If her father came home now, he would be furious at the condition of the floor. She listened, but didn’t hear any movement in the house. With a sigh, she reached back and unlaced her skirts, allowing the hoops to stack neatly on the floor as she stepped over them.
 
She quickly went to the stairs and raced to her bedroom. She had almost reached her door at the end of the hall when her parents’ bedroom door opened and her mother stepped out. Hand flying to her mouth, her mother stared at her, eyebrows raised in alarm. Realizing it was Livvie, she ran her eyes up and down her daughter’s form, seeing her lack of clothing. “What are you doing, Olivia?” her mother demanded. “Put some clothes on this instant!”
 
Livvie laughed, giving her mother a damp hug. “I called to you, but you didn’t come, and meanwhile I was dripping all over Daddy’s fancy floors. I’ll change and go gather the wet things.” She turned to go to her room.
 
“What happened?”
 
Livvie turned back to face her mother, knowing she wasn’t asking about the condition of her clothes.
 
“Did he buy the land?”
 
Livvie nodded sadly. “He did. He bid against Mr. Tunney and Mr. Montgomery, but he got it for just three hundred and fifty dollars…” Livvie let that hang there for a moment, waiting to see how her mother would react.
 
“Three hundred and fifty… For seventy-five acres. Seems like those good gentlemen might have thought it worth a bit more.”
 
“Those good gentlemen had no intentions of buying that land, Mama. Daddy wanted it, so Daddy got it, plain and simple. Nobody in Byrd’s Creek is going to go against Hugh Byrd when he wants something.”
 
“What about Mariah? And Rafe?” Clara asked.
 
“Mrs. Colton didn’t come. One of the ladies told me she hadn’t gotten out of bed this last month. Rafe was there, mad as a hornet, but what could he do? The judge had decided it had to be sold, and Daddy insisted he wasn’t doing anything wrong by buying it. He said he hadn’t even wanted to leave them the house and the land around it.”
 
One hand on her doorknob, Livvie shook her head in disgust. “That land is all cypress and pine, and Rafe can’t afford any help to clear it. Old Nackie’s the only one left, and he can’t do much physical labor anymore. And that house… Well, I haven’t been there since his daddy died three years ago, but even then it was starting to look poorly. Mr. Colton had been so sick, nothing got done, I guess. I don’t know what they’re going to do.” Sadly, Clara shook her head.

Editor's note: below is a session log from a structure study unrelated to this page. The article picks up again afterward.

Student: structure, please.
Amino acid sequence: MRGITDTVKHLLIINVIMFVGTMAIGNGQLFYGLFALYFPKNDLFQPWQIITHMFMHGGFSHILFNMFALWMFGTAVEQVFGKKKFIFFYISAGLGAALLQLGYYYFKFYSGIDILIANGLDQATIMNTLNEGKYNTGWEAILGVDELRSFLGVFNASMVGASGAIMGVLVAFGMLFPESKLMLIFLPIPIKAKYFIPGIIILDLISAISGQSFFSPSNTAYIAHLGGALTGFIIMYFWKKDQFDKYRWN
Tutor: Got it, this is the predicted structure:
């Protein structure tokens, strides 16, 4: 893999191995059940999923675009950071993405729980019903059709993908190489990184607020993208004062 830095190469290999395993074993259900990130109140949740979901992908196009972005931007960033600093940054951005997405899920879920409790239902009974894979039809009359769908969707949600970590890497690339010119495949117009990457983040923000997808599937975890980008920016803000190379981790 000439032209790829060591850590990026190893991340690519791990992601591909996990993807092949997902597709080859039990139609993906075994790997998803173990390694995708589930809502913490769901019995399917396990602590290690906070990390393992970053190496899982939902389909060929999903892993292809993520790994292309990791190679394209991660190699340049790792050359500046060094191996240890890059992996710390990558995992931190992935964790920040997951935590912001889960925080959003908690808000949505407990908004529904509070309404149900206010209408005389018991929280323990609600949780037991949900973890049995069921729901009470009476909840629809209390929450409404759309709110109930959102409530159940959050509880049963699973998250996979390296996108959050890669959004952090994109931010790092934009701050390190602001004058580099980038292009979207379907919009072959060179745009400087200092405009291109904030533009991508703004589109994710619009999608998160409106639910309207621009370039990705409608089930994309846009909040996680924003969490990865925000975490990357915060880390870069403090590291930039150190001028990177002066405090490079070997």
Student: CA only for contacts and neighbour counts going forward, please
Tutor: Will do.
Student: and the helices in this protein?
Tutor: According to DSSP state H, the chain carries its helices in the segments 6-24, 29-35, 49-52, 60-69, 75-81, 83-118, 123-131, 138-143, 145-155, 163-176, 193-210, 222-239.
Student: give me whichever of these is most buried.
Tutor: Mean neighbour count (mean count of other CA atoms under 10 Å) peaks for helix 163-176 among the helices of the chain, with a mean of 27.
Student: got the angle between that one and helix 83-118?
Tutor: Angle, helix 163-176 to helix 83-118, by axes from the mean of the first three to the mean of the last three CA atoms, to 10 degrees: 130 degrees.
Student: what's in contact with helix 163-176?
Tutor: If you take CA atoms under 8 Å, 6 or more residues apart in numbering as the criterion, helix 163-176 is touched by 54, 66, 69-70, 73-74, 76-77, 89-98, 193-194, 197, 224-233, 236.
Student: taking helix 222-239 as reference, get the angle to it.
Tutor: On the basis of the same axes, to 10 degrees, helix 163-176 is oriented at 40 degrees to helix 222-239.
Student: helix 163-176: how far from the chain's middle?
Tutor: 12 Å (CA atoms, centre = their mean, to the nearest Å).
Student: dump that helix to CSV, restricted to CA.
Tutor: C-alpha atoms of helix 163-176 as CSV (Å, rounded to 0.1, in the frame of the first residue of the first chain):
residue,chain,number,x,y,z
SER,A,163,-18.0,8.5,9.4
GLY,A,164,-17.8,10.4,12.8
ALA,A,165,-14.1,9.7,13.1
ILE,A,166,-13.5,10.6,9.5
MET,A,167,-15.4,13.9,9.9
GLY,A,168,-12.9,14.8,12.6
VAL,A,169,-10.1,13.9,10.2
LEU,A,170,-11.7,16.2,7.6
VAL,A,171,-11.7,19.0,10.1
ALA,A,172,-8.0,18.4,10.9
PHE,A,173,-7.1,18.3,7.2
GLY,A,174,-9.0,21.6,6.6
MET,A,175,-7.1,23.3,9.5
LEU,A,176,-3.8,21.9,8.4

“I can’t rightly say. Did you speak to Rafe, ask him?”
 
Livvie gave a bark of laughter. “Rafe hates me. He hates all of us. Daddy kept giving his mama loans, knowing she couldn’t pay them back, when all she really needed was some advice and a good manager. Any condolences from me weren’t going to be welcome.”
 
“You don’t know that, honey. He ought to know you’re not your daddy.”
 
“I’m a Byrd. A Byrd just took the land that’s been in his family a hundred years and left him with nothing but heartache.” She opened her door and glanced back at her mother. “I’m ashamed of that name today, Mama. As ashamed as I’ve ever been.” She stepped into her room and closed the door.




To buy the book, go here:
Amazon
Barnes and Noble



About Jennings:
Born and raised in Florida, Jennings spent her early years reading anything she could get her hands on, when she wasn't spending time in and on the water. She won a prize in the 6th grade for her science fiction stories. Jennings attended the University of Tampa, graduating with a B.A. in Political Science, and almost enough credits for B.A.s in both English and History. She attended graduate school at the University of West Florida, studying Psychology. She spent time over the years doing various kinds of business writing, editing, and teaching writing, but mostly having and raising her family, homeschooling her children, owning and running a business with her husband, and starting a non-profit. Thanks to a crazy idea called NaNoWriMo, Jennings got back into creative writing in 2011 and hasn't stopped since. She currently lives in North Carolina with her husband, also a writer, and two children, and travels extensively with her family, and her non-profit in Uganda.


To connect with Jennings, go here:







Jennings is giving away a copy of Undaunted Love. The giveaway is only available to U.S. addresses.  To be entered in the book giveaway, leave a comment along with your email address. You can enter the book giveaway twice--once on each spotlight post.



 
 
 
 
 
 
Happy Reading!
Caroline Brown
 
 
 
 
 
 
 
 
 

11 comments:

Anonymous said...

This is so sad what some people will do to others, when they already have more than anyone. I feel sorry for this girl that her daddy makes her have to be ashamed of him and to have his name, Poor Rafe and Miriam. Sore hoping to win this book. Thanks for the give-away. Maxie mac262(at)me(dot)com

Mary / Touch of Heaven said...

Thanks for offering this book giveaway !

atouchofheaven2010 [at] gmail [dot] com

Patty said...

Thanks for the intro to a new author! I love historical fiction, so I think this would be right up my alley.

pattymh2000(at)yahoo(dot)com

Cindi A said...

The story looks captivating. Thanks for the opportunity to enter the contest.

cindialtman(at)gmail(dot)com

Nancee said...

I enjoyed your feature of Jennings and her book, Undaunted Love. I love Civil War history, and would love an opportunity to win a copy of this book. Thank you so much for offering this contest!
Nancee
quiltcat26[at]sbcglobal[dot]net

KayM said...

I enjoyed the excerpt. Thank you for offering a copy of Undaunted Love.
may_dayzee (at) yahoo (dot) com

Library Lady said...

I would love to win this book for the church library.
Thanks for the chance to do so.
Janet E.
von1janet(at)gmail(dot)com

karenk said...

thanks for the chance to read this novel

karenk
kmkuka at yahoo dot com

Caroline said...

From Teela Young:

would really like to win and read this book by Jennings Wright. Thank you, Teelayoung@hotmail.com http://coffee24tea.blogspot.com

Caroline said...
This comment has been removed by the author.
squiresj said...

I would love to be entered to read this book. I do not know this author. I would like to get to know her. I would even review it.
jrs362 at hotmail dot com